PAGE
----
Ask BA

We’re slaving away on our annual Draft Preview issue, and there will be plenty more draft coverage on the web, so you get an abridged Ask BA today. Pitching performances to watch this weekend: Tim Lincecum makes his second big league start tonight, and Max Scherzer makes his first official start for the independent Fort Worth Cats on Saturday. Speaking of Scherzer . . .

    With the draft a month away, how would you project the first 10 picks as of today?

    John Morris
    Greenville, S.C.

This is still more informed speculation than anything close to being set in stone, as teams still are working on signability and bearing down on their targets at the top of the draft. I’m starting to hear rumblings that more teams in the top 10 may be willing to exceed slot money. The Royals are worried about talent and not money at No. 2. The Pirates would really like a hitter at No. 4, and the best hitters available may all be Scott Boras clients. Orioles owner Peter Angelos never has splurged much on the draft, but Baltimore picks at No. 5 and then not again until No. 130. Not having second- or third-round picks saves the O’s $900,000 in slot money they could pour into their top choice.

Here’s my most educated guess as of today:

1. Devil Rays: David Price, lhp, Vanderbilt.
Tampa Bay has narrowed its focus to three players, and other clubs would be shocked if they don’t take Price.
2. Royals: Max Scherzer, rhp, Fort Worth Cats.
Guessing that the Luke Hochevar scenario repeats itself, though Scherzer still has thrown in just one game so far.
3. Cubs: Josh Vitters, 3b, HS/California.
Scouts continue to rave about Vitters’ bat, and Chicago’s interest hasn’t waned.
4. Pirates: Matt Wieters, c, Georgia Tech.
Pittsburgh needs bats, not pitchers, and Boras may not scare them away from the top college position player.
5. Orioles: Ross Detwiler, lhp, Missouri State.
Wieters and North Carolina State righthander Andrew Brackman could be fits if money isn’t a concern.
6. Nationals: Rick Porcello, rhp, HS/New Jersey.
There’s a natural connection with scouting director Dana Brown, who lives in New Jersey.
7. Brewers: Mike Moustakas, 3b/c, HS/California.
Milwaukee has done well recently taking hitters high in the draft (Prince Fielder, Rickie Weeks, Ryan Braun).
8. Rockies: Jason Heyward, of, HS/Georgia.
Also could be tempted by a college lefty such as Detwiler or Clemson’s Daniel Moskos.
9. Diamondbacks: Daniel Moskos, lhp, Clemson.
Has moved into Clemson’s rotation and shown he can stay in that role as a pro.
10. Giants: Beau Mills, 3b/1b, Lewis-Clark State (Idaho).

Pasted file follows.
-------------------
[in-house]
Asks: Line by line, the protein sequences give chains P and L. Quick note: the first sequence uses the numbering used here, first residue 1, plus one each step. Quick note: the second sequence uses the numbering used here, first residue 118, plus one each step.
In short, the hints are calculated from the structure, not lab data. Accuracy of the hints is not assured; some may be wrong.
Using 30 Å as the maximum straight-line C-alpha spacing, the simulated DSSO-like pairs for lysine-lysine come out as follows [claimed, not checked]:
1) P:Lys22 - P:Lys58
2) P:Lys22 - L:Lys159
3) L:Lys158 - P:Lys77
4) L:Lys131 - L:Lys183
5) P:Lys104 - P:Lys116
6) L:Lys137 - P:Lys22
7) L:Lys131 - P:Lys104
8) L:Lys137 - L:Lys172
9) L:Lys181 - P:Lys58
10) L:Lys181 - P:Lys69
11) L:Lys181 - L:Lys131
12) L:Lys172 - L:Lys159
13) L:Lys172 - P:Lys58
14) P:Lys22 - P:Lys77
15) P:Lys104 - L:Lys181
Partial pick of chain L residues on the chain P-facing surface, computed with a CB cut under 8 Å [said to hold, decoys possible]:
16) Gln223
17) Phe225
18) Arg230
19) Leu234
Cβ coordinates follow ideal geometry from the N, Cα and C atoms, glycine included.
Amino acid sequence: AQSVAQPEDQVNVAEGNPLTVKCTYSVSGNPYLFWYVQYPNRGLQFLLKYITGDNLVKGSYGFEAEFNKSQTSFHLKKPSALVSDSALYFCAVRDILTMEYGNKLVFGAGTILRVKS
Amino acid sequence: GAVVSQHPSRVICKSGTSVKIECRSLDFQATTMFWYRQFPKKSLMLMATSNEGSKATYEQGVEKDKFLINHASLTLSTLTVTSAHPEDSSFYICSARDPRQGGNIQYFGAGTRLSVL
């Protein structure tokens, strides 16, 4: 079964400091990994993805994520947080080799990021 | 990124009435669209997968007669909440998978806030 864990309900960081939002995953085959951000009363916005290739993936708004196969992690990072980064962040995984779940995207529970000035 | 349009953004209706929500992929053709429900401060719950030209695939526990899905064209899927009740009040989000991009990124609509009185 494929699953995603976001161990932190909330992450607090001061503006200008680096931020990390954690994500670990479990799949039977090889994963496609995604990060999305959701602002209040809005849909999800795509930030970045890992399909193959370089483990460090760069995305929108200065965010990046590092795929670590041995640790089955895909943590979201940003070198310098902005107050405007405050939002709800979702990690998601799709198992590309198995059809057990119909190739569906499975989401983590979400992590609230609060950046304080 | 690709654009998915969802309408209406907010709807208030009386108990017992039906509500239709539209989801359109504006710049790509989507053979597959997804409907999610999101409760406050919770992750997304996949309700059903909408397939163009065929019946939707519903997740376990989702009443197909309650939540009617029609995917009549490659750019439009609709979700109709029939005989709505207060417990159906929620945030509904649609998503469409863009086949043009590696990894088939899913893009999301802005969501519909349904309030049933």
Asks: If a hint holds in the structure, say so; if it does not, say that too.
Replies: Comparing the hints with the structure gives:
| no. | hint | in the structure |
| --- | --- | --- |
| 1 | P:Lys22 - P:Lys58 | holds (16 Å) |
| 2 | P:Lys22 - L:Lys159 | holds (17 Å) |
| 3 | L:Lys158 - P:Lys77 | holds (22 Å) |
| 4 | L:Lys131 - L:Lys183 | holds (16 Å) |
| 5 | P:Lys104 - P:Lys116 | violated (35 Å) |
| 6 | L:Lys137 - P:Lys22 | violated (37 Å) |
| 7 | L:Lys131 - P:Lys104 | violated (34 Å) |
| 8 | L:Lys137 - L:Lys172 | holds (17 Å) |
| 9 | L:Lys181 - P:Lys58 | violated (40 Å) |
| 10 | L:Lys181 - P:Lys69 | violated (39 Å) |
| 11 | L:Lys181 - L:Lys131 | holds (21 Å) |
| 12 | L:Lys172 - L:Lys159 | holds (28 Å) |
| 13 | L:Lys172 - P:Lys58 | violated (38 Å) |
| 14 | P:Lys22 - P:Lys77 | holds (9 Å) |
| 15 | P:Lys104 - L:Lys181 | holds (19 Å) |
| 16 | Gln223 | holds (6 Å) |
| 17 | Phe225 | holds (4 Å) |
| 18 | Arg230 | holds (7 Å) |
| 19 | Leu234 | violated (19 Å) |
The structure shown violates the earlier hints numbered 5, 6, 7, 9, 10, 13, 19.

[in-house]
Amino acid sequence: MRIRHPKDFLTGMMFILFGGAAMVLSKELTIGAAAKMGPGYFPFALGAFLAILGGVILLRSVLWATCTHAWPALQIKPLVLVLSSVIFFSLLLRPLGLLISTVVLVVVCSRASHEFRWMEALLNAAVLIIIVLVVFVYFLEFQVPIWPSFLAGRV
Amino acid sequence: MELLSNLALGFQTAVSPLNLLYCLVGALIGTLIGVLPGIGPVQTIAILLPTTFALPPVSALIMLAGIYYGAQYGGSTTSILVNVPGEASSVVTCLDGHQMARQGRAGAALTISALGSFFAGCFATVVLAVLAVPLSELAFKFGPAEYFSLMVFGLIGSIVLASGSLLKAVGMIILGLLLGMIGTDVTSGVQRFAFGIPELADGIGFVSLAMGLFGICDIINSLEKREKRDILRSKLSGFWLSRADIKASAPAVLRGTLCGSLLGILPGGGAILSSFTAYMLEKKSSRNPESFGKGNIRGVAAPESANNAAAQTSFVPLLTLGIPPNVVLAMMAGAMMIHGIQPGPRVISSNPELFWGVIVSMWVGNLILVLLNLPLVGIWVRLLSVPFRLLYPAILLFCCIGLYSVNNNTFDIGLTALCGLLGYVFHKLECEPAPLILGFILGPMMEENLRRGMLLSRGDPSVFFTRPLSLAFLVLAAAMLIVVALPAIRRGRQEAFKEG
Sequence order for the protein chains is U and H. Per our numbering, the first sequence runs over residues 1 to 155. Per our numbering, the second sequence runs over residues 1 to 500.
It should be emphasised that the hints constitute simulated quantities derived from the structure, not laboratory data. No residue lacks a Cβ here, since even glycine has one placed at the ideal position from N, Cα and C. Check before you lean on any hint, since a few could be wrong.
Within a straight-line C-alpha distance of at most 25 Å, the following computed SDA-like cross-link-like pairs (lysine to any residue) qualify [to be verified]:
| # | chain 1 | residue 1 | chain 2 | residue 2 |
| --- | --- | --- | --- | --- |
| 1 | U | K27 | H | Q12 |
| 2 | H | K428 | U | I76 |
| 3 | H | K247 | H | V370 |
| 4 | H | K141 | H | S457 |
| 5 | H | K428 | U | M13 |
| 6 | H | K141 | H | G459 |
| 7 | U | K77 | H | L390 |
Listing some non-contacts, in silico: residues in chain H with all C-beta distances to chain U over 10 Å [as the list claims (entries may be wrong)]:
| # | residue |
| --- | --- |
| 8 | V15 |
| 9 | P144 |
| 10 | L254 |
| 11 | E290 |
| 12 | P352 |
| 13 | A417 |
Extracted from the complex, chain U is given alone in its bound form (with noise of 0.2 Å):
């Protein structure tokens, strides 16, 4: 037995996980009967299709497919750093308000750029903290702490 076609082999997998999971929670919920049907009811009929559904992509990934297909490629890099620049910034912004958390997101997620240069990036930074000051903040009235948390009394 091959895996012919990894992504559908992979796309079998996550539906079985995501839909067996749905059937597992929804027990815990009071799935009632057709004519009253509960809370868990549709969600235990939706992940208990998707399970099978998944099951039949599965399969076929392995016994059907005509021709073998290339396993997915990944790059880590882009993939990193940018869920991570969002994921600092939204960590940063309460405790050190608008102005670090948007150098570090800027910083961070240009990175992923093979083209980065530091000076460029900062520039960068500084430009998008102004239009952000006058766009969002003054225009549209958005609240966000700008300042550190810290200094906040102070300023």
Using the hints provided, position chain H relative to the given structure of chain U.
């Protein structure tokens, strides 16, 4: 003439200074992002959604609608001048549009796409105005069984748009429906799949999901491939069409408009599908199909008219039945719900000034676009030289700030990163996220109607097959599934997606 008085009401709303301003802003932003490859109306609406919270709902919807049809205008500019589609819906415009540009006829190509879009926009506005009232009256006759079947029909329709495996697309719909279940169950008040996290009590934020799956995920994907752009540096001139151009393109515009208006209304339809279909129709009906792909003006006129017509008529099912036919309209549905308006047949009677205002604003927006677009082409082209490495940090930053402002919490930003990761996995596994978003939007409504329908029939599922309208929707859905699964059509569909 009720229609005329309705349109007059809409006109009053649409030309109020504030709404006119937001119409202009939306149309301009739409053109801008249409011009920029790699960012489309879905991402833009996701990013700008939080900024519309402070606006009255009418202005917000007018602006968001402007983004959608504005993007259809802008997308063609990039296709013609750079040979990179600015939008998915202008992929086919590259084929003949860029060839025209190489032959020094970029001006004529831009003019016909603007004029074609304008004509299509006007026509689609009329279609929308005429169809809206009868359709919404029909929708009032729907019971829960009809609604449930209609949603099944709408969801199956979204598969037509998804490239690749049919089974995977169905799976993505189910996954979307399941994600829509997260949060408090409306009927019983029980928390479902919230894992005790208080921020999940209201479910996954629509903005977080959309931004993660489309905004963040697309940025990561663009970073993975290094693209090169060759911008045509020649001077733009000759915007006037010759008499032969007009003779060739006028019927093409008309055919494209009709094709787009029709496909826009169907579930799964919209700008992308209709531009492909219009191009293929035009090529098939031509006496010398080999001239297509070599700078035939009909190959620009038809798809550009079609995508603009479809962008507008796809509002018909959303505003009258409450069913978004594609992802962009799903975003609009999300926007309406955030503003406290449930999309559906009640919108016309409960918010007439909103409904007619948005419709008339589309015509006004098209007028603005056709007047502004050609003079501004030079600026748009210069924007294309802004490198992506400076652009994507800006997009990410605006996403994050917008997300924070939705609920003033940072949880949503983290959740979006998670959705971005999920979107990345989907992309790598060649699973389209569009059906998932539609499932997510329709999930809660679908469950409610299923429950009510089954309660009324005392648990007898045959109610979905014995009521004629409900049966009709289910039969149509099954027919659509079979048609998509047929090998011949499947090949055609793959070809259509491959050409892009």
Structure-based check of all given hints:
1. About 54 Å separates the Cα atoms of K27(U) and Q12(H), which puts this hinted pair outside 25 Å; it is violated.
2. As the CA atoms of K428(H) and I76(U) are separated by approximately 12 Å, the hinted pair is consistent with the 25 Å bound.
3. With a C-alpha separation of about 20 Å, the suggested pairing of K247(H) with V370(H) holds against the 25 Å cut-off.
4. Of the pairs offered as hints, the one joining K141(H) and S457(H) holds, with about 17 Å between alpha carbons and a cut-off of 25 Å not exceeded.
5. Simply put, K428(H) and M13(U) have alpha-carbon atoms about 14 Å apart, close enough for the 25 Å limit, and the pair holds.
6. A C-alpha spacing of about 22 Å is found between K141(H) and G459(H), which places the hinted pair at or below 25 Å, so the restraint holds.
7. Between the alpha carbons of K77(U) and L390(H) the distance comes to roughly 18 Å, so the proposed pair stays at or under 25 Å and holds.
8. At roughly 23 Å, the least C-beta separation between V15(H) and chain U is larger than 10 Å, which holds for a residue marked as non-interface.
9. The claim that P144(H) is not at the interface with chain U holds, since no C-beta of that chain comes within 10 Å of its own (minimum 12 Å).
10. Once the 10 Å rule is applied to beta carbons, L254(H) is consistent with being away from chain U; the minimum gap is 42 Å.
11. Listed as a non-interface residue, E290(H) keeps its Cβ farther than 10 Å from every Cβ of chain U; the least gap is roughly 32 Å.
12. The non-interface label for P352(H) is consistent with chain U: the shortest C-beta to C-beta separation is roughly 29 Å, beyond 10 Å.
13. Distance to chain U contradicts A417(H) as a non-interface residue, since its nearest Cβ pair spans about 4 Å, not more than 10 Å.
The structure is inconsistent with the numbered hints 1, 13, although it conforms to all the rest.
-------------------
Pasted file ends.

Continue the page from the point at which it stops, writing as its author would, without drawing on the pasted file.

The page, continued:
Putting up crazy numbers for an NAIA powerhouse, with .468-30-105 totals through 52 games.

    Ryan Theriot has been an incredibly pleasant surprise at the major league level. Is it likely that his current production will continue? Can he play shortstop well enough to make it his primary position? From what I’ve seen thus far, I think he’ll be able to maintain a good batting average and OBP, but is destined for second base.

    Jeff Shook
    Pittsburgh

The more I see Ryan Theriot, the more I’m impressed. Even after his hot September, I still saw him as more of a utilityman than as a regular player. But he’s continuing to hit this year, to the point where he has grabbed a starting job and I’m beginning to think I’ve underestimated him. He still has just 242 career big league at-bats, so we’re not talking about a large sample size, and he’s neither big (5-foot-11, 175 pounds) or young (27). He’s not going to maintain his career .318 batting average, but I can see him hitting .275/.350/.400, stealing some bases and continuing to serve as a catalyst for the Cubs.

Theriot’s ascent to the majors wasn’t an easy one. He sparked the championship game-winning rally at the 2000 College World Series for Louisiana State before signing with the Cubs as a third-round pick in 2001. Because Chicago had 2000 first-rounder Luis Montanez playing shortstop in low Class A, Theriot went straight to high Class A and batted a soft .204. That prompted the Cubs to have him try switch-hitting, an experiment that produced a .256 average over the next three seasons. After he went back to batting solely righthanded, Theriot hit .304 in Triple-A in 2005 and 2006.

Defensively, he has the tools to stick at shortstop. His arm and range are solid, and his instincts help his tools play up in the field just as they do on the bases. At this point, we know Cesar Izturis isn’t going to hit. If I were running the Cubs, I’d put Theriot at shortstop and try to find an offensive second baseman. Eric Patterson could be ready to take over that role in the near future.

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